The Guardian reports;
A former employee of Lloyds Banking Group has accused the bank of artificially inflating its profits by almost £1bn through the use of aggressive tax-avoidance schemes and exotic “Lehman- style” offshore deals which he said amounted to false accounting.
The former senior tax manager at the bank told an employment tribunal Lloyds was involved in running battles with Revenue & Customs after it embarked on a hostile relationship with the tax authority over multimillion-pound corporation tax bills while involved in extensive manipulation of the way it accounted for unpaid taxes.
Between 2005 and 2007, he said, the bank insisted that finance staff devise ever more elaborate ways to depress a growing tax bill, many of them involving the now collapsed Lehman Brothers and the discredited financial products division of AIG, the American insurer that cost the US government $80bn to rescue. By 2007, the bank was excluding more than £900m of potential tax in its accounts, allowing it to inflate profits by the same amount.
The bank’s former head of tax compliance, Andrew Constantine, told the employment tribunal that Lloyds refused to listen to staff who voiced concerns about the tactics adopted by the finance department, or institute reforms that would put its finances on a legal footing.
For three years he made representations to board members that the tax planning adopted by the bank was unethical and amounted to false accounting. He also warned that a breakdown in the relationship with HMRC would damage the bank and lead to even higher tax bills.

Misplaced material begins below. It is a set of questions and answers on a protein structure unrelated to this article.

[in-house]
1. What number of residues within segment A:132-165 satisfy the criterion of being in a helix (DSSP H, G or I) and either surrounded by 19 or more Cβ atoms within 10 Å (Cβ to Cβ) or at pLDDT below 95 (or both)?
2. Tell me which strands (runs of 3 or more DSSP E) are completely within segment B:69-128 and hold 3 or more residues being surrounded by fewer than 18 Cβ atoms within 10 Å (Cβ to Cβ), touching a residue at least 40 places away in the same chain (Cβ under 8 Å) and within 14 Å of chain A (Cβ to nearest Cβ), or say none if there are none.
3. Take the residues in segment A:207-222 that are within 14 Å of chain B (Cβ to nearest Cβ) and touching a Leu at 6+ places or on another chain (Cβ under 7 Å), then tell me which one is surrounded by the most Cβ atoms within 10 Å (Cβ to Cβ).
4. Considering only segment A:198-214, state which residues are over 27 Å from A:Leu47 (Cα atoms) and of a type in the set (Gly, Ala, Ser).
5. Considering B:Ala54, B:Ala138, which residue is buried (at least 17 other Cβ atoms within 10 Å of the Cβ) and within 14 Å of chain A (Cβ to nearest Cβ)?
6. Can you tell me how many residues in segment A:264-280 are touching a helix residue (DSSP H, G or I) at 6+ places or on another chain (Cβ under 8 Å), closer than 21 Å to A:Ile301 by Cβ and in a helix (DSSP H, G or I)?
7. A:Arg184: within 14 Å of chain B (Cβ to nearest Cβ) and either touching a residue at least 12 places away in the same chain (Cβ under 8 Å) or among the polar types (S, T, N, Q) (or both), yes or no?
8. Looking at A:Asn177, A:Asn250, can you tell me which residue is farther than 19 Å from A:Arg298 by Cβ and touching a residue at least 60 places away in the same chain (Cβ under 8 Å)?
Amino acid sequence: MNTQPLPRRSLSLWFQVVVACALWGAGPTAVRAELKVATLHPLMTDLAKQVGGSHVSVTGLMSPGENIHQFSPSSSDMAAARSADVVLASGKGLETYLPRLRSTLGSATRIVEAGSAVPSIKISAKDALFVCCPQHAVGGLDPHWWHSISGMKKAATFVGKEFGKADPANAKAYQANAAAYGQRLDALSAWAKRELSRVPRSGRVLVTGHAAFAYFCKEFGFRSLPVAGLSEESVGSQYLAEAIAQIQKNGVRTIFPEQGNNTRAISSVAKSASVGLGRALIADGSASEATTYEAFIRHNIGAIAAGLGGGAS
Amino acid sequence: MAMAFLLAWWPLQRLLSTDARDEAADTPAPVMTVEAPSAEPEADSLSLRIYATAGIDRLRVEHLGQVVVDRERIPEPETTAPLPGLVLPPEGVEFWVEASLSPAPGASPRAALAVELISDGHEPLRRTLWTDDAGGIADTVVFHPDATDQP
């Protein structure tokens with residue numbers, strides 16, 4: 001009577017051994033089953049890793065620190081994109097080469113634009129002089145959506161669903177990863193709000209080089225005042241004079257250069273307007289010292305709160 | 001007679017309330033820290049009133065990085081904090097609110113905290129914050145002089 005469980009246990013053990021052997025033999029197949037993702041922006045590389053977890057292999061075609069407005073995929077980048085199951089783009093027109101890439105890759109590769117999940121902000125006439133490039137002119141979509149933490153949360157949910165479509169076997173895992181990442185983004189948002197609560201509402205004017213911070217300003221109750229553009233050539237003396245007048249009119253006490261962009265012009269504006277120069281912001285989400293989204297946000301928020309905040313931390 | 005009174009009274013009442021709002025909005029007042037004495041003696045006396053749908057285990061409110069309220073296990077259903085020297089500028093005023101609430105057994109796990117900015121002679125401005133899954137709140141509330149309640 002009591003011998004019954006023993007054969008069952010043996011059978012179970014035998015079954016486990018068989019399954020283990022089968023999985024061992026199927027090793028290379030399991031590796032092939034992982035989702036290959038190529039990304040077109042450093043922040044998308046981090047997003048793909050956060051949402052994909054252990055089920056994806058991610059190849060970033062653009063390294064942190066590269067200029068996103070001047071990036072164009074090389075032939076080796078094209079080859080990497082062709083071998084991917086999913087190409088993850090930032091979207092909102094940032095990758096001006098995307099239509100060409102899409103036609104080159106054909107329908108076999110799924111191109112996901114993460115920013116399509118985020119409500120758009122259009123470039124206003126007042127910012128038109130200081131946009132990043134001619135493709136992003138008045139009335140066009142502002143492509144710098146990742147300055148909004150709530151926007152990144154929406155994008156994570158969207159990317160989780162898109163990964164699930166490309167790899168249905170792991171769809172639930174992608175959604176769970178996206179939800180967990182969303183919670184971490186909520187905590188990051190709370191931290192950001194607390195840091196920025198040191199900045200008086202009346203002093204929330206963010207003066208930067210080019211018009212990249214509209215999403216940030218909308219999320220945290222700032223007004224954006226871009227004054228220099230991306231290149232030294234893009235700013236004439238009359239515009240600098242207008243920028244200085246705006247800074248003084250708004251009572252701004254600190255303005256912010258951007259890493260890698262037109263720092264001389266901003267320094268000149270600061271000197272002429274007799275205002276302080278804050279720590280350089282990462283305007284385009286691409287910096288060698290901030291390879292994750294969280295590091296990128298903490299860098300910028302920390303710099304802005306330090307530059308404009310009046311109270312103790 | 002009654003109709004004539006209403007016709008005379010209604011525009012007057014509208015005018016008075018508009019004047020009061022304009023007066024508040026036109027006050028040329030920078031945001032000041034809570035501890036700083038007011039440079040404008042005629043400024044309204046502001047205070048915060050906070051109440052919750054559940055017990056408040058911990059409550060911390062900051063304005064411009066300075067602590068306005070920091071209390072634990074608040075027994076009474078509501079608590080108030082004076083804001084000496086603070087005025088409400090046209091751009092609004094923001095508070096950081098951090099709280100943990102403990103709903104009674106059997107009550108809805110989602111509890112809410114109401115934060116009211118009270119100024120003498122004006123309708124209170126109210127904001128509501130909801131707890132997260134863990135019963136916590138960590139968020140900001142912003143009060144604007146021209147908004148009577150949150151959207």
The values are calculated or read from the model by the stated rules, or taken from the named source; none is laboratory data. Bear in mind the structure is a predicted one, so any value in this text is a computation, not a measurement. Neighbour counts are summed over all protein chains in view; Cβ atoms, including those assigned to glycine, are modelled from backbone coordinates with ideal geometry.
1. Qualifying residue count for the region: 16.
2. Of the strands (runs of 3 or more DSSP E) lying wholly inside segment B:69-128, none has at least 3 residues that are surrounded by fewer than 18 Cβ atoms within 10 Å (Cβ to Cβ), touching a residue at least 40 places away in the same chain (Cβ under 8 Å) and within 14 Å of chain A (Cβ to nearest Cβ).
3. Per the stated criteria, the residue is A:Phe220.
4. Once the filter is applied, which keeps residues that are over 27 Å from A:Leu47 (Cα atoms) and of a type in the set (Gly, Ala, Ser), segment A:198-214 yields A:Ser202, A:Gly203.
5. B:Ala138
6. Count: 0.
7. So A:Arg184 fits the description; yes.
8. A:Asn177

As for Lloyds it said:
Lloyds said it did not dispute that Constantine told senior executives of his deep misgivings. It said: “Mr Constantine’s allegations about the Group’s tax planning were fully investigated and found to be without merit. The Group maintains an open and transparent dialogue with HM Revenue & Customs. We have made adequate provisions for all our tax liabilities.
“Like any organisation, we will seek to reduce tax impact where it is practical and appropriate but we always comply with all aspects of tax regulations in all the jurisdictions within which we operate.”
I know Andrew Constantine. I have, I admit, discussed this situation with him.
I think he’s a good, honest and ethical tax accountant – not words I readily strong together too often.
And as the Guardian notes – Lloyds’ tax history is not great.
I have no doubt who I am backing to win.
But the law can be an ass.